She picks up the lash from so many punk predecessors, and while there’s definitely a cocktail of Tucker, Hanna, and Styrene as the easy to top notes of the bunch, she and the Ties have taken the full force of progressive punk into their tank and turned out a record that’s much more than the fumes of its fuel. They chum the waters with the brooding calm of “Lani.’ They swallow the constant lump in their throats on the dizzying “Pillow,” — driven by bubbles of bass and vocals that cool to a croon. They’ve even captured the complexity of where we lie in wait at the start of 2020 with “Hope” — a song that brims with doubt and desire. Its a societal push-pull with uncertainty, age, generational distance, and the ideals of activism in the face of mounting evidence that no amount of rivets will stem the tide when the dam bursts.

Woven between these careful shadings lie the paint-peeler anthems that nail the fuckers to the wall, and when we hear the crack of bone on concrete its a satisfying snap indeed. On “Self Made Man,” Sandcastles” and in the titanic swells of “Anger’s Not Enough” the band shows that their fire’s never faded. Where the other songs stoke the coals and let the glow warm the listener, here they prove that those coals can build to a blaze bound to burn. What’s best about Far Enough is that it needs time to settle into the system. Their early singles and debut were instantly gripping, but like the best works this one takes a few runs through before it all locks into place. The builds and crouches become clear, the abrasive progressiveness of “Anger’s Not Enough” snaps into their place on an album that’s not a wild swing at its aggressor, but a patient plan of attack that topples its targets in good time.



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Cold Meat

There’s a time for cool waters and calm heads and there’s a time for the righteous infection of fire-forged punk. Somehow its been time for both in these past couple of weeks, but right about now the latter is feeling pretty apt. Perth scorchers Cold Meat have graduated from their early short-form firestarters to a full length that showcases their pounding, primal, elastic scratch. Built on a foundation of tire-thick rubber riffs, the band kneads and pounds the basics of punk through an emotional and musical ringer. The riffs are meaty and land with enough force to bruise heavily. The bass ricochets around the speaker space with a sinewy menace. While squarely in the mold of punk purveyors like Magazine, X-Ray Spex, or The Adverts, they borrow the alternating current corruption of post-punk terrors — finding common ground with the hot bile invective of The Au Pairs and the writhing discomfort of Pylon.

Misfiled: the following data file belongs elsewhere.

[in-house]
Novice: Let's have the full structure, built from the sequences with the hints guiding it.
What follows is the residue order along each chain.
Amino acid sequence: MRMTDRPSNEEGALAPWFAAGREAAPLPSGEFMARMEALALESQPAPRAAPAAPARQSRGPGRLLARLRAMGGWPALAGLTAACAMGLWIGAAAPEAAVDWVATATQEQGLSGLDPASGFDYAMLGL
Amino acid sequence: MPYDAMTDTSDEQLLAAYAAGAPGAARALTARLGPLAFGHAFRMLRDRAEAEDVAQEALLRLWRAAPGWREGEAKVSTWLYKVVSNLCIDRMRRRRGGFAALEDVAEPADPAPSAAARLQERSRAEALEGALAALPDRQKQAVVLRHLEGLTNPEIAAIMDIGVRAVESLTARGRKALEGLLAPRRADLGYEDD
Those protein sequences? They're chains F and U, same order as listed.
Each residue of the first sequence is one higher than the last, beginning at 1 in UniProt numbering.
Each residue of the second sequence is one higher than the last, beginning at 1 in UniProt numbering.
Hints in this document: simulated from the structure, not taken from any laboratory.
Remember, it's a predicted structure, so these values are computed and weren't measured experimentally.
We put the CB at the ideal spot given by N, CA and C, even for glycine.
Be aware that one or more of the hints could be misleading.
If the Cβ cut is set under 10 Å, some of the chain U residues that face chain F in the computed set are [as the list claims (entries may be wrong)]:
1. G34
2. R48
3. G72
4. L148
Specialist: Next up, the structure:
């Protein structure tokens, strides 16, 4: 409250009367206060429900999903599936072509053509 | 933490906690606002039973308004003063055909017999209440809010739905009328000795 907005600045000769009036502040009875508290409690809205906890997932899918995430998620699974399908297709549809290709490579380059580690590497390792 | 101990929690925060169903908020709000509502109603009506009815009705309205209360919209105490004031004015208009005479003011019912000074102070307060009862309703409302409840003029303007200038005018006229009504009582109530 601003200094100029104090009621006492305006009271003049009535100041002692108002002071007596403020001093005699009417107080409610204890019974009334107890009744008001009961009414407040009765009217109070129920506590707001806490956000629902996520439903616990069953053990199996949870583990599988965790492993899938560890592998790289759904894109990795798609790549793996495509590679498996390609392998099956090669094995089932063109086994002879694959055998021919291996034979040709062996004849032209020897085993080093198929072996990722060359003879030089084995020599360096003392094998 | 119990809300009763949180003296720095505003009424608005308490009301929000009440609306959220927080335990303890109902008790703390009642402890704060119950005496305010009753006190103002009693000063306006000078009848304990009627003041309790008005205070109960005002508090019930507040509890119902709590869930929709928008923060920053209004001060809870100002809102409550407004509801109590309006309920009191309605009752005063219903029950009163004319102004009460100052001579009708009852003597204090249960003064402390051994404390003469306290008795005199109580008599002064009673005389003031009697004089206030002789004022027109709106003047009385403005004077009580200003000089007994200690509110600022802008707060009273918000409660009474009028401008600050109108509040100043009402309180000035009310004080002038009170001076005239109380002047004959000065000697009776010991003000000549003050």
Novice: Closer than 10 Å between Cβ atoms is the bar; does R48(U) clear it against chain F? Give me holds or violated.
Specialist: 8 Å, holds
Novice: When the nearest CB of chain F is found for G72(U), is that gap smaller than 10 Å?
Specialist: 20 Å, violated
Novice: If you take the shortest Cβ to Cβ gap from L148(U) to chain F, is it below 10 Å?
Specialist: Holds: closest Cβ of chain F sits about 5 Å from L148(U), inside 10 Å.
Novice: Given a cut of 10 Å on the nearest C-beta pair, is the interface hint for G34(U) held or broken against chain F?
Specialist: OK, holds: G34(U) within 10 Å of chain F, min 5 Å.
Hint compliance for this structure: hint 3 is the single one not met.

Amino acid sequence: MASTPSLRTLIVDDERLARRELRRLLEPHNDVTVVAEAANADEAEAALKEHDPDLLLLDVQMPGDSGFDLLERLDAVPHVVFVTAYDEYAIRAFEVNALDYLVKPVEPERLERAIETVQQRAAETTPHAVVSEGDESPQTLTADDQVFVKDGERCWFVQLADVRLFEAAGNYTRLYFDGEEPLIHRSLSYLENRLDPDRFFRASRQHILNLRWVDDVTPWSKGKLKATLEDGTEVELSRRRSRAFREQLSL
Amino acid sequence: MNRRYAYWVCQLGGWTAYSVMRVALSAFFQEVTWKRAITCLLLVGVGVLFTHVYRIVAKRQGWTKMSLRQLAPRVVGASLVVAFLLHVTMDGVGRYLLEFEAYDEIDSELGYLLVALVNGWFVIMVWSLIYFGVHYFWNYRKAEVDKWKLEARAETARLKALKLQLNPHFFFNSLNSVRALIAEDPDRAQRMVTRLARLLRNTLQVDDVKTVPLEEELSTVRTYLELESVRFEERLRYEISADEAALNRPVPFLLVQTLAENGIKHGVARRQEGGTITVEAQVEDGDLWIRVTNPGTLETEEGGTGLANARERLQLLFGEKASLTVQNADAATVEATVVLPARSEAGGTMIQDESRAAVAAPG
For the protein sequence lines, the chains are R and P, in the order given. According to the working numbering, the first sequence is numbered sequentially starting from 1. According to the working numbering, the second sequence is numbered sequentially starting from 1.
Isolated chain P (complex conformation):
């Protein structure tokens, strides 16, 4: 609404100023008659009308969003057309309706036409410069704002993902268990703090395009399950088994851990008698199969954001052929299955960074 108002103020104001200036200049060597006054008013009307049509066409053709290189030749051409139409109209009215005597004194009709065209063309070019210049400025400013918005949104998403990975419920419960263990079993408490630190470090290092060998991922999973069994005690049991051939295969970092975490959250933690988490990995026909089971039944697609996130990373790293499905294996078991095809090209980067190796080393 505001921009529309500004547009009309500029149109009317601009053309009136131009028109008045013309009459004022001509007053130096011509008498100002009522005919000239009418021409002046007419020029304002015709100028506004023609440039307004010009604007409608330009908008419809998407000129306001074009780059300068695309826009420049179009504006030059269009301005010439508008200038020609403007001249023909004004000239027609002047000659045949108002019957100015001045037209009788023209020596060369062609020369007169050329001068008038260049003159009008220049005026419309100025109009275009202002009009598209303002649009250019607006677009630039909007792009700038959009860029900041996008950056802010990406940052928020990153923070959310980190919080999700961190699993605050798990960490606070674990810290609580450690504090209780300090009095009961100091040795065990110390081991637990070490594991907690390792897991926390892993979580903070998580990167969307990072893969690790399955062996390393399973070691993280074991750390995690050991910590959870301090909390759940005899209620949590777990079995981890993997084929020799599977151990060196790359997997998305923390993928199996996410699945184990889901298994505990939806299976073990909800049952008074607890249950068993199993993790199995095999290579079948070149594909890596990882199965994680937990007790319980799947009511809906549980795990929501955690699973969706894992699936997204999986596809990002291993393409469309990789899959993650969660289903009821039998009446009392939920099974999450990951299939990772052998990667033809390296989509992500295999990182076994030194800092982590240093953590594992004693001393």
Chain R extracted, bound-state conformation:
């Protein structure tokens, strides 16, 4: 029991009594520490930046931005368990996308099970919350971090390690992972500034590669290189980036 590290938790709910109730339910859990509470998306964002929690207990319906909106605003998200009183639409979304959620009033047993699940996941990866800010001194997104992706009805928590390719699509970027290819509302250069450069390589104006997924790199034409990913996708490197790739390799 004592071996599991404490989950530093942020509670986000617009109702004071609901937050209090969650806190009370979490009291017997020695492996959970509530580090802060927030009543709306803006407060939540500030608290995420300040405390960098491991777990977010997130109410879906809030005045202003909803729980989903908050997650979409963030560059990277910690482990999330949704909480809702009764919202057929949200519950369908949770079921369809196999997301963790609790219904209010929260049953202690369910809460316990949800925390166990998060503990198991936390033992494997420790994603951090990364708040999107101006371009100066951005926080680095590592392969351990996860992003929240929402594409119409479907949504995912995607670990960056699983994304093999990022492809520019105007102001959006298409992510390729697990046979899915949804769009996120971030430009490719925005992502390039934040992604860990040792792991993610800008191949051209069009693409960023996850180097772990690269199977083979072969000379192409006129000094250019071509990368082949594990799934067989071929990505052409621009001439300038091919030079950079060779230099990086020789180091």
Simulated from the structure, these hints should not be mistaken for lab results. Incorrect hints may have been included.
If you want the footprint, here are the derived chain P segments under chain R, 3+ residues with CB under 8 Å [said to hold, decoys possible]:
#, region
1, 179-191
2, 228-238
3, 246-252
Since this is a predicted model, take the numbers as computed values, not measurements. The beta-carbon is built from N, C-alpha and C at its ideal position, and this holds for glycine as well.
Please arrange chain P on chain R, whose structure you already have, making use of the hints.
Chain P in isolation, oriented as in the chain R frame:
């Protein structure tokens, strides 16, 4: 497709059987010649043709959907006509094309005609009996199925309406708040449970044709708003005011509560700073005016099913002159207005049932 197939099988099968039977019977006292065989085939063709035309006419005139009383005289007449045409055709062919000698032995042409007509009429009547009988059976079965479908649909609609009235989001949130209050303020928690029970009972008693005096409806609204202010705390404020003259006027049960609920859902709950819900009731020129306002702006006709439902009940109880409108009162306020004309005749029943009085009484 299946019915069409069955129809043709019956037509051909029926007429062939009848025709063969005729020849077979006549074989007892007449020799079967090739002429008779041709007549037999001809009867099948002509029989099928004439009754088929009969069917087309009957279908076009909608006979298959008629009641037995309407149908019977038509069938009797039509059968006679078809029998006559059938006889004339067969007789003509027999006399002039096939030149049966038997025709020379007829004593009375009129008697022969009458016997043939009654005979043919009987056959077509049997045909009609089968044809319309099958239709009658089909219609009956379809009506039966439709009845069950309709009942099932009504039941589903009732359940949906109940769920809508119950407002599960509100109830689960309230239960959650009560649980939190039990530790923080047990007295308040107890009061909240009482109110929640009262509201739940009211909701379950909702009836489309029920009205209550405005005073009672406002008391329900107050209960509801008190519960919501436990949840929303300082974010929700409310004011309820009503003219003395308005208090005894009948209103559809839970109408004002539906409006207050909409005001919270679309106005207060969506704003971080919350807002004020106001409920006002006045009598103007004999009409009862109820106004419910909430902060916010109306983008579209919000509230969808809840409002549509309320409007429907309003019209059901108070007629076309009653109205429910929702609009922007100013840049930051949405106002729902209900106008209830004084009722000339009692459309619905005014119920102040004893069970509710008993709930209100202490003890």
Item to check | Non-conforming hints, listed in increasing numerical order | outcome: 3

None of the garments of the past quite fit them, though, and that’s to their credit. They chafe at categorization, but Cold Meat mostly look to take a hammer to the societal mirror and do it with a wicked smile on their face in the process. Doesn’t hurt tat they’ve got the twenty megaton howl of Ashley Ramsey in their corner as well. While the music beneath her squirms in pain, Ramsey rounds up every last inch of sneered and seared animus and hurls it at the listener. I’m a sucker for a voice that packs a versatile volley of grievance, pain, disappointment, and derision and she nails the nuance every time. While I can’t say I levy Andy unsettled scores with ZZ Top and their fanbase as the band seems to, elsewhere Cold Meat seem to bring good reason and welcome harbor to their various picked bones. Its a record of its time — bred on the scraps of the past but fueled with the earned anger of a younger generation left in the cold to fend for itself.



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The Cowboys – “The Beige Collection”

Bloomington’s garage-soul swelters The Cowboys are back and the carefree flow that was palpable on The Bottom of a Rotten Flower seems to have evaporated overnight as we head into their new LP, Room of Clons. “The Beige Collection” is a dark, brooding introduction to their new LP, driving deep into the night with a hungry riff and the vocals of frontman Keith Harman hovering over the listener with a sinister edge. Seems the rest of the album might return to some of their homegrown punk roots but here, for the moment, The Cowboys are post-punk purveyors of a measured menace that’s hard to shake. The record hits shops and mailboxes alike on April 4th.


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Cold Meat – “Bad Mood”